There appear to be about ten species of chestnut known, but the number varies much in consequence of the varying conception of their specific limits. In any case they constitute a well-marked group of deciduous trees and shrubs, with alternate, parallel-ribbed, conspicuously toothed leaves, always approaching the oblong or narrow oval in shape. The leaves of all the chestnuts have a strong family resemblance; the only leaves anything like them in hardy trees occur in a few oaks. The unisexual flowers are produced in long, slender catkins from the leaf-axils of the young shoots during July. The lower catkins are entirely male; but from the axils of the later leaves there come shorter catkins, at the base of which one to three female flowers are borne. The flowers of all the chestnuts are pale yellow, and have little beauty of colour; but a tree well laden with catkins has a distinct appearance, the enjoyment of which to many people is spoilt by their heavy, unpleasant odour. The nuts are always enclosed in the well-known prickly burs.
The older botanists made C. dentata and C. crenata both forms of C. sativa, which may have led to their not being introduced, and to their present rarity. They are, however, distinct enough, especially as seen in the living state, although it is not easy to make the distinctions very clear on paper. It does not seem likely that any other than C. sativa will be of much value in Britain either for timber or nuts, although the variety ‘Paragon’, sometimes grown, is considered to have the ‘blood’ of C. dentata in it. The ordinary C. sativa varies extraordinarily in the size and quality of its nuts. There are numerous trees in Kew Gardens, some of which bear large, excellent nuts and others that never produce a nut worth eating. The merit of the better forms seems to be due largely to their being able to suppress all but one of the three or four nuts which each bur normally encloses. This enables the survivor to develop into a fine nut.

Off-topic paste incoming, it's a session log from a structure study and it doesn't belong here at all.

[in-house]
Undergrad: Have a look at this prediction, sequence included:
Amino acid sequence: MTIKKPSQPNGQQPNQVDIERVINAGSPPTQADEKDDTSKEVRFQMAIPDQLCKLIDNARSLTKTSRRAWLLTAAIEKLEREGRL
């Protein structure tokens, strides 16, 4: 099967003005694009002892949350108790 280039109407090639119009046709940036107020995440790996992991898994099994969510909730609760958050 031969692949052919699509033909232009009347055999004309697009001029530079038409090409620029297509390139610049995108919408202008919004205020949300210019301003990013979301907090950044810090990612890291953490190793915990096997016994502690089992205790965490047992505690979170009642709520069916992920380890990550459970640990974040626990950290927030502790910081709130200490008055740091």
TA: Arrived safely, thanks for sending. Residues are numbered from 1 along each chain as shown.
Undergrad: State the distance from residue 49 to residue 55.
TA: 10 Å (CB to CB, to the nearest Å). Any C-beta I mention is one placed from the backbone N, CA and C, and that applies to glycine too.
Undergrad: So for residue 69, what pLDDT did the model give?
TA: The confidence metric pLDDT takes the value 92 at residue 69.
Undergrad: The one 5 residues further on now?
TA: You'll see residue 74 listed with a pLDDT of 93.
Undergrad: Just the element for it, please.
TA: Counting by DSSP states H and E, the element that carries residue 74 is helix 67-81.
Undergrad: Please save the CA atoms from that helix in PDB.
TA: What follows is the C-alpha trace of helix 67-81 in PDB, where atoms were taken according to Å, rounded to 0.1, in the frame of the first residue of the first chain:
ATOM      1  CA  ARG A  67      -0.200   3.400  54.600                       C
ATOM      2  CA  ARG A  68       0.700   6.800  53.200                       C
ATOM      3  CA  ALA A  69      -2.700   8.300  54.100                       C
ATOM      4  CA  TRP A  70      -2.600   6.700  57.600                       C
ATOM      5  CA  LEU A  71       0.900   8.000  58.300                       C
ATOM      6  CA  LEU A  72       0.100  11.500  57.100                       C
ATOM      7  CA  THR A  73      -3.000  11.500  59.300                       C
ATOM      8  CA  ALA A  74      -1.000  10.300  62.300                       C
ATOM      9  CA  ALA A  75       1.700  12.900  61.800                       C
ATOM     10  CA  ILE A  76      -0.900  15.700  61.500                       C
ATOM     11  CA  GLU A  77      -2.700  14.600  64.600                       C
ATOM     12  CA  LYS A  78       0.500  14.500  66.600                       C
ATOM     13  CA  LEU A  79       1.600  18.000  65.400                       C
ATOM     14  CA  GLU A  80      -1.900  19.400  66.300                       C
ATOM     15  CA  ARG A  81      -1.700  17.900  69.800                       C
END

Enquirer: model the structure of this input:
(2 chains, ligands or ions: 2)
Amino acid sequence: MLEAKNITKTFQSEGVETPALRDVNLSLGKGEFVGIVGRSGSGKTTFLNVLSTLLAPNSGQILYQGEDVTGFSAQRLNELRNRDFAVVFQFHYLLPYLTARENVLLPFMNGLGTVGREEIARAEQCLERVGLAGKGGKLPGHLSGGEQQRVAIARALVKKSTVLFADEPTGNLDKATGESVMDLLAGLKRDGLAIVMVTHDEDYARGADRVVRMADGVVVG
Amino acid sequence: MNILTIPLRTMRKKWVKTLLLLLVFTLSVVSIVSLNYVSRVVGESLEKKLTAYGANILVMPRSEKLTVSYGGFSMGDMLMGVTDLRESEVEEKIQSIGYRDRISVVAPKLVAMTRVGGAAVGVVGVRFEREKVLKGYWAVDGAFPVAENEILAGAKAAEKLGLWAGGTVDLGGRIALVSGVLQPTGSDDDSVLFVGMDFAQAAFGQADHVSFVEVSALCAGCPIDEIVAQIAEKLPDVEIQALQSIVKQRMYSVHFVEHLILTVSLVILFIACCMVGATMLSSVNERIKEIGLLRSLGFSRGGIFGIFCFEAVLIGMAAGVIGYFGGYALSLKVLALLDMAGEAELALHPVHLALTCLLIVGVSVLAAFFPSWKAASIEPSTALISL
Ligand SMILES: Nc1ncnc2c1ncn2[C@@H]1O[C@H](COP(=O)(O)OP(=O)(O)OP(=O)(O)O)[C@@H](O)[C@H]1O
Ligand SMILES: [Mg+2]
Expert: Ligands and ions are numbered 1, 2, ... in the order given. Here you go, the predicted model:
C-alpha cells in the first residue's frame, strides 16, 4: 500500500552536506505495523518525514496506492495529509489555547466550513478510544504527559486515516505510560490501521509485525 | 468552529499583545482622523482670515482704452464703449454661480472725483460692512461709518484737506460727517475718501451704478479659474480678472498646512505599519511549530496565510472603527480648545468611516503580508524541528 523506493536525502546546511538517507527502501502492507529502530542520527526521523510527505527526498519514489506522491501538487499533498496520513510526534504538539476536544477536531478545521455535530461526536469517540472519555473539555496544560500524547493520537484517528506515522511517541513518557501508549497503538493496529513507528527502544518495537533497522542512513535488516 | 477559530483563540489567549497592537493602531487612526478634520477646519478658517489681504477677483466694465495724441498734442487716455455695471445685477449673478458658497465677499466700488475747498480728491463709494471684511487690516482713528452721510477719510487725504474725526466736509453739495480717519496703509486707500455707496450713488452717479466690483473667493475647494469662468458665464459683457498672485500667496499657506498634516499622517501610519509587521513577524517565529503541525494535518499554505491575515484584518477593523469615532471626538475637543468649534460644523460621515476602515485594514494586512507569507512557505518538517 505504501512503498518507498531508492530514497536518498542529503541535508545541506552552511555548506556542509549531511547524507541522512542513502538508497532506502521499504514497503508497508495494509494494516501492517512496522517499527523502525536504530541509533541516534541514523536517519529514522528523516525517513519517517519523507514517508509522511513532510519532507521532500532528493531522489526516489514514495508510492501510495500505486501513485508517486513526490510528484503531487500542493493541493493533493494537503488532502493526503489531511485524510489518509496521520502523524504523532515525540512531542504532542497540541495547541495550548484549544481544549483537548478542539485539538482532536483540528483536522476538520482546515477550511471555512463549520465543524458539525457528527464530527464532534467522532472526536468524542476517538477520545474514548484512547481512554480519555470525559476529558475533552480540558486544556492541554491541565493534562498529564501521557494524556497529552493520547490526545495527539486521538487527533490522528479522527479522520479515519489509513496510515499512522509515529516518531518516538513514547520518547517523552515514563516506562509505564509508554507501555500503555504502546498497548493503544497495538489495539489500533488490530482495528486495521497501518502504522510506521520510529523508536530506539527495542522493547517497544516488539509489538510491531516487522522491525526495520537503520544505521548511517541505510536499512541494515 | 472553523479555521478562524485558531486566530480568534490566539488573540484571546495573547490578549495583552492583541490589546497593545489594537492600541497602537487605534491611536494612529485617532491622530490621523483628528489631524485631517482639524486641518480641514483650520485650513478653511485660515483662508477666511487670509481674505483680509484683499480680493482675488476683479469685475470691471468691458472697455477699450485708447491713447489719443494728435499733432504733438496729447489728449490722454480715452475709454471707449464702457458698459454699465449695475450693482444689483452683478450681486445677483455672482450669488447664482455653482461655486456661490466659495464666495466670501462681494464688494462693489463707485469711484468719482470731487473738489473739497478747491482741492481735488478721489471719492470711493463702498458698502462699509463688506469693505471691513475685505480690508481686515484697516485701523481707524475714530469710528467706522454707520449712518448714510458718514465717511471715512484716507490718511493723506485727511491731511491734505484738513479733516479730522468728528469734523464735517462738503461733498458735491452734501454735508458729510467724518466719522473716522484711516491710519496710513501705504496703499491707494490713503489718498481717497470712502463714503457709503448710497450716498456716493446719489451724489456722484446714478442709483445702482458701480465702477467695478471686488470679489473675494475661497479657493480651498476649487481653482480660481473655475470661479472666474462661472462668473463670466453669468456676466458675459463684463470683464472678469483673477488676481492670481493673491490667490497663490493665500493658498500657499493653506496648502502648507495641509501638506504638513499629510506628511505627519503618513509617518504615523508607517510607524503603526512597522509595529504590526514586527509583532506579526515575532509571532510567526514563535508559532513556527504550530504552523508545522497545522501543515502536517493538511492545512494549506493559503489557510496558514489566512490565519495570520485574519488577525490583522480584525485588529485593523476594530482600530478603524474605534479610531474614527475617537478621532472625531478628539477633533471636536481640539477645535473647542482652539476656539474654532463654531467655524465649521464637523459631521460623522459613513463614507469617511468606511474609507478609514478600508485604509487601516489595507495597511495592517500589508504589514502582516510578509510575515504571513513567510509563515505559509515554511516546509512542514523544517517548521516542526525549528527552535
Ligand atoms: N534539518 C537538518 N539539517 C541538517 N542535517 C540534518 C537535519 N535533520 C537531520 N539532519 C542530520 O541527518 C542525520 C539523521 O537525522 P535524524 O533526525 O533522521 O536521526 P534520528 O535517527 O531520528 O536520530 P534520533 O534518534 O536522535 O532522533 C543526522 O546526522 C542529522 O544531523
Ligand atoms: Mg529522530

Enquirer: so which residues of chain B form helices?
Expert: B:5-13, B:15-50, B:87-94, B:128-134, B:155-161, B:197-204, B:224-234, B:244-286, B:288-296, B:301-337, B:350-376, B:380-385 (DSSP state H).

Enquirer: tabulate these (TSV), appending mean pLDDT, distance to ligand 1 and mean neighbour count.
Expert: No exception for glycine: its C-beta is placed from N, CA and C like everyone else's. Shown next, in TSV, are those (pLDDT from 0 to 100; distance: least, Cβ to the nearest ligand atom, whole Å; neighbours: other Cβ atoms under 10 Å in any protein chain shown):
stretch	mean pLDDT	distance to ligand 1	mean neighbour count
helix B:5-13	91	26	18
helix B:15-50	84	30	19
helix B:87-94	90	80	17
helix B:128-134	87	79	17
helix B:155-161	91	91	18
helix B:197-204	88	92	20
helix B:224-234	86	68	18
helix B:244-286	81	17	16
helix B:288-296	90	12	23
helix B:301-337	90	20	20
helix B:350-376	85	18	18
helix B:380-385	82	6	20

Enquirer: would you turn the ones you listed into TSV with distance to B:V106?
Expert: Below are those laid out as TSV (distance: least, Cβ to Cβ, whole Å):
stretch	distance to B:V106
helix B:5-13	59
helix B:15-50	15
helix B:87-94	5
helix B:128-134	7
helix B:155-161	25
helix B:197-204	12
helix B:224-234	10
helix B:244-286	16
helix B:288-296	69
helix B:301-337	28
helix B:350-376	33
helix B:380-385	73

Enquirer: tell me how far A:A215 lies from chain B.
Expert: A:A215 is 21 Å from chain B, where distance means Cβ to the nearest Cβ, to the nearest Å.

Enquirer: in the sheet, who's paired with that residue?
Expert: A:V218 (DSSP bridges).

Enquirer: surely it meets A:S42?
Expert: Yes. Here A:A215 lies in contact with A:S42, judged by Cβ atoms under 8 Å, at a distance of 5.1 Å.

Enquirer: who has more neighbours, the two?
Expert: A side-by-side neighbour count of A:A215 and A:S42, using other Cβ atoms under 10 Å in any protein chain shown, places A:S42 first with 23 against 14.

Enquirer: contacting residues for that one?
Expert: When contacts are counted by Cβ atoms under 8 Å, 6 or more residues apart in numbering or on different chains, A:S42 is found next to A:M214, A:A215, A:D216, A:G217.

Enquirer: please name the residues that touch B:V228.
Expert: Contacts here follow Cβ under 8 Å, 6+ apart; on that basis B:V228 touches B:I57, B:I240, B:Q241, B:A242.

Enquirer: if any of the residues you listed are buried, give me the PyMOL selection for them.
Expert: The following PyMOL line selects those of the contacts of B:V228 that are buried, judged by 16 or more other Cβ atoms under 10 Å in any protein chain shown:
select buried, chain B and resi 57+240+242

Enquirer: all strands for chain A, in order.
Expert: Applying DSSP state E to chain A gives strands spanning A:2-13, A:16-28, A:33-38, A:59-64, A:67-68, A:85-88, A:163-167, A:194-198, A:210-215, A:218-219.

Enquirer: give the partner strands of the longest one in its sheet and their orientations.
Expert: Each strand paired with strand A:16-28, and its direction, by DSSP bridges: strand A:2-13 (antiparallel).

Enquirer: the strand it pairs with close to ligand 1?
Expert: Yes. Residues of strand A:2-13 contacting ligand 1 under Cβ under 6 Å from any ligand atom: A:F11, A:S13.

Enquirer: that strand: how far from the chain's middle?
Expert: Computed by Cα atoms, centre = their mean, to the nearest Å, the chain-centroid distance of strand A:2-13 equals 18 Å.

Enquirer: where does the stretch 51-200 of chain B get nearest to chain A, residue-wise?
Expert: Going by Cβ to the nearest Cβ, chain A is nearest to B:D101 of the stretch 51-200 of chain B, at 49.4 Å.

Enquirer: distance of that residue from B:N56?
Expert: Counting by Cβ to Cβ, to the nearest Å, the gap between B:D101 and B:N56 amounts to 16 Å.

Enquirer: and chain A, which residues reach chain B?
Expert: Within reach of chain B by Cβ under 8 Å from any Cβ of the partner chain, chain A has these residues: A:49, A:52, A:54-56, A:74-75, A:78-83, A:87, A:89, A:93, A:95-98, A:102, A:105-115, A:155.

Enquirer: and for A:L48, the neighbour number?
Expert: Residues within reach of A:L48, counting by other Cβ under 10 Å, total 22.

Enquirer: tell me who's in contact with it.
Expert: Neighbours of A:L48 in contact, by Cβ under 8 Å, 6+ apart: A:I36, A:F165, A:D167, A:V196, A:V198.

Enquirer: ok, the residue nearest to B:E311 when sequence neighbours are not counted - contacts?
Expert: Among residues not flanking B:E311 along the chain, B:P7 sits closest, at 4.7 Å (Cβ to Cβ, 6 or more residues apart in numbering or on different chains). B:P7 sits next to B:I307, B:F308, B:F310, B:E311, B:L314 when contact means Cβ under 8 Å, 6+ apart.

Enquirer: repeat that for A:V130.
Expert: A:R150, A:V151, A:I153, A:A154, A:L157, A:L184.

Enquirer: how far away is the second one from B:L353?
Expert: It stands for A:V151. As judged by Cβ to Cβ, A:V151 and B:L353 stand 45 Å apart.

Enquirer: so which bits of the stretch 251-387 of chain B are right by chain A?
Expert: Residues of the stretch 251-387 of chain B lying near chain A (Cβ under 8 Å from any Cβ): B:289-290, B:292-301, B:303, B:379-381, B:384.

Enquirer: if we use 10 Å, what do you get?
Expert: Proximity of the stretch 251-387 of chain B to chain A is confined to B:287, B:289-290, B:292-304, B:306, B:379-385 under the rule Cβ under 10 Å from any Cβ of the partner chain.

The chestnuts like a hot summer. Even during the driest and hottest seasons, like that of 1911, one rarely sees any of this genus suffering. They appear to thrive in any well-drained, loamy soil, even of moderate quality, but are said to be averse to calcareous soils. They should always be raised from seeds except in the case of the fine fruiting forms, which are grafted easily in spring on seedlings of the common sort.